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Arnold Palmer in Lexington, 1989

Posted on September 27, 2016 | in Uncategorized | by
Golf legend Arnold Palmer got a tour of the Child Development Center of the Bluegrass in Lexington from Executive Director Peggy Stephens Sept. 11, 1989. Palmer visited two United Way of the Bluegrass agencies, the Center for Creative Living, a day care program for senior citizens, and the Child Development Center, which provides early intervention and therapy services for children with and without disabilities. Palmer, a spokesman for GTE throughout the United States, was invited to tour the agencies by Bob Calafell, chairman of this year's United Way general campaign and vice president and general area manager of GTE South. At the Child Development Center, Palmer signed autographs, watched children eat and play, and encouraged a boy undergoing physical therapy. "I feel grateful that I'm in a position to help raise money," Palmer said. "I do (these things) because I feel like if I can help give other people the same opportunities I've had, that's good enough for me. When I . . . see what is happening in a place like this or in children's hospitals, I think of how fortunate we are that we do have people that really do care. That is something you just can't replace." Palmer, who made golf popular for masses, died Sept. 25, 2016. Photo by Clay Owen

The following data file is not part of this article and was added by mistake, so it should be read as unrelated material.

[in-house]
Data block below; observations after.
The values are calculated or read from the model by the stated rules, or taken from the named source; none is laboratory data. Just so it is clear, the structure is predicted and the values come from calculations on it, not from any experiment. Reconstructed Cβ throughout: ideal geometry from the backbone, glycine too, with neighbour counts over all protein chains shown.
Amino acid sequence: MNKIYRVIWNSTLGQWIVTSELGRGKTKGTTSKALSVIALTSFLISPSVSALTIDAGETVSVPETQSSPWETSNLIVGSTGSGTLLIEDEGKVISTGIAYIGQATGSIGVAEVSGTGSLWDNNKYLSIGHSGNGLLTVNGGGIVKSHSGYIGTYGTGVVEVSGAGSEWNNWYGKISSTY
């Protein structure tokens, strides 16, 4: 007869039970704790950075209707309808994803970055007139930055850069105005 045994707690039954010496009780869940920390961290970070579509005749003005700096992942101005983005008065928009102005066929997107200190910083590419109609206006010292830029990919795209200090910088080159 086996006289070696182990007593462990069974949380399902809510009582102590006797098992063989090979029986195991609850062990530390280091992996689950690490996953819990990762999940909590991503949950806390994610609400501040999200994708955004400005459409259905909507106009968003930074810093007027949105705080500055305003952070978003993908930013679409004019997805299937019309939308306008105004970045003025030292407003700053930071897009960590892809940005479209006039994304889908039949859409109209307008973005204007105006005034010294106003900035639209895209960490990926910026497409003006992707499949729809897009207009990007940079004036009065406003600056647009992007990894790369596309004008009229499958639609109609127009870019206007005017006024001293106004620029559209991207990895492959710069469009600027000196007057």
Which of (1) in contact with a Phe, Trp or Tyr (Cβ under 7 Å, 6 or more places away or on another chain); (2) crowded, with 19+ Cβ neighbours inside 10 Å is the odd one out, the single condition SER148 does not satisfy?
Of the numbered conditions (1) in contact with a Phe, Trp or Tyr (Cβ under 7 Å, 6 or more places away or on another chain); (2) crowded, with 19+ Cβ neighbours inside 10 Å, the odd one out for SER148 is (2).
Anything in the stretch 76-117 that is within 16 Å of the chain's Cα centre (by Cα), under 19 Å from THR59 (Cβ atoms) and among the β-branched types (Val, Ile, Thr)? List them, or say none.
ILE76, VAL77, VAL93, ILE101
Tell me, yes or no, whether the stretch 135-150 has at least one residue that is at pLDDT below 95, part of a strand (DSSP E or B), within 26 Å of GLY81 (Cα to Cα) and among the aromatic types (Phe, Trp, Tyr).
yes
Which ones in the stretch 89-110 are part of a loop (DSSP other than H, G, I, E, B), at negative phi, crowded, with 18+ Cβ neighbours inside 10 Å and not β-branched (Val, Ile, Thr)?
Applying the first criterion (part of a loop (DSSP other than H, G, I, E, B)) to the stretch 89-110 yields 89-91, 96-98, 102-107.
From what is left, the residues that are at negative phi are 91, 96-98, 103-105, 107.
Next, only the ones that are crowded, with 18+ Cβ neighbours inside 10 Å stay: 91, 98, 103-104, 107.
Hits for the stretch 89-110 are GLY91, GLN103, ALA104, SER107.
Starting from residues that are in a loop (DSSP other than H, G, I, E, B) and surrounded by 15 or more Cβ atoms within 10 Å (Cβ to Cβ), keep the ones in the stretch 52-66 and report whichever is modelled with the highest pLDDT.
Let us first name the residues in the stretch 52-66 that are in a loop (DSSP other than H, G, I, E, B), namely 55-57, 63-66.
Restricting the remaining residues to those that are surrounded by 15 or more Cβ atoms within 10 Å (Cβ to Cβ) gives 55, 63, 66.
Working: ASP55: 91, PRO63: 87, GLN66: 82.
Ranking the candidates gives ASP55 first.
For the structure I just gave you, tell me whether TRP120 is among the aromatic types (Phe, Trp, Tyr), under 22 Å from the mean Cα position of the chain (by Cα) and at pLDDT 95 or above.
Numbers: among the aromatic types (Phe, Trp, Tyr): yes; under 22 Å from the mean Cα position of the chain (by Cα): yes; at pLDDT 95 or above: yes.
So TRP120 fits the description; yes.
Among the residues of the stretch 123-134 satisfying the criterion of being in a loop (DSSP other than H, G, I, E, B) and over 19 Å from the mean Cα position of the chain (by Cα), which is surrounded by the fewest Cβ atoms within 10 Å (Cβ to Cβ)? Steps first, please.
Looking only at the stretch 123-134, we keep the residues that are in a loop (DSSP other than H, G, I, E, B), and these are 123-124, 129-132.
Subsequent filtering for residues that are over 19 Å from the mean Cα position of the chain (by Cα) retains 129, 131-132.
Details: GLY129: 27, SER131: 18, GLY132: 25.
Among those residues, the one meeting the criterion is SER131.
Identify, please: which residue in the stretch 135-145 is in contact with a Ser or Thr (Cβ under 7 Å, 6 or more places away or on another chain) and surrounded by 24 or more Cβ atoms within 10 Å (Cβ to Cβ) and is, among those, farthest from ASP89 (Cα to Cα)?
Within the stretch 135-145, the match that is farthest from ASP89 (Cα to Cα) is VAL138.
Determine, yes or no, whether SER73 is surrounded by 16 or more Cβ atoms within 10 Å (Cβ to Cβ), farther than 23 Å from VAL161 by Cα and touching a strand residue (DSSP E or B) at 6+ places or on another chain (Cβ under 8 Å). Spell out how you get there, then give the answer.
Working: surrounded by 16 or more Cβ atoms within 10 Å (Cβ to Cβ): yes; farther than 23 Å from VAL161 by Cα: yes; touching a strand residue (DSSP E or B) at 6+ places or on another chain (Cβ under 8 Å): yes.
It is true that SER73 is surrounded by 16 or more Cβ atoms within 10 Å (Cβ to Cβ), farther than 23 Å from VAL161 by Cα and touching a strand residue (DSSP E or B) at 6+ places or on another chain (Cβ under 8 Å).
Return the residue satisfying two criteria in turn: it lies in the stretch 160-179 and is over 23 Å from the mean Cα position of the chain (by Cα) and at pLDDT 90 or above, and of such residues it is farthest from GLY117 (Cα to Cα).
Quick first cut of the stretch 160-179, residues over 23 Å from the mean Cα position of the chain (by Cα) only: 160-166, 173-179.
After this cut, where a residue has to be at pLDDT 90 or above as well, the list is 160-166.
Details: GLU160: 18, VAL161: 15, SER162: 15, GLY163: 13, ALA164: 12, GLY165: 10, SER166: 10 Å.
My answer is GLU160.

Golf legend Arnold Palmer got a tour of the Child Development Center of the Bluegrass in Lexington from executive director Peggy Stephens on Sept. 11, 1989. Palmer visited two United Way of the Bluegrass agencies, the Center for Creative Living, a day care program for senior citizens, and the Child Development Center, which provides early intervention and therapy services for children with and without disabilities. Palmer, a spokesman for GTE throughout the United States, was invited to tour the agencies by Bob Calafell, chairman of this year’s United Way general campaign, and vice president and general area manager of GTE South. At the Child Development Center, Palmer signed autographs, watched children eat and play, and he encouraged a boy undergoing physical therapy. “I feel grateful that I’m in a position to help raise money,” Palmer said. “I do (these things) because I feel like if I can help give other people the same opportunities I’ve had, that’s good enough for me. When I … see what is happening in a place like this or in children’s hospitals, I think of how fortunate we are that we do have people that really do care. That is something you just can’t replace.” Palmer, who made golf popular for masses, died Sept. 25, 2016. Photo by Clay Owen

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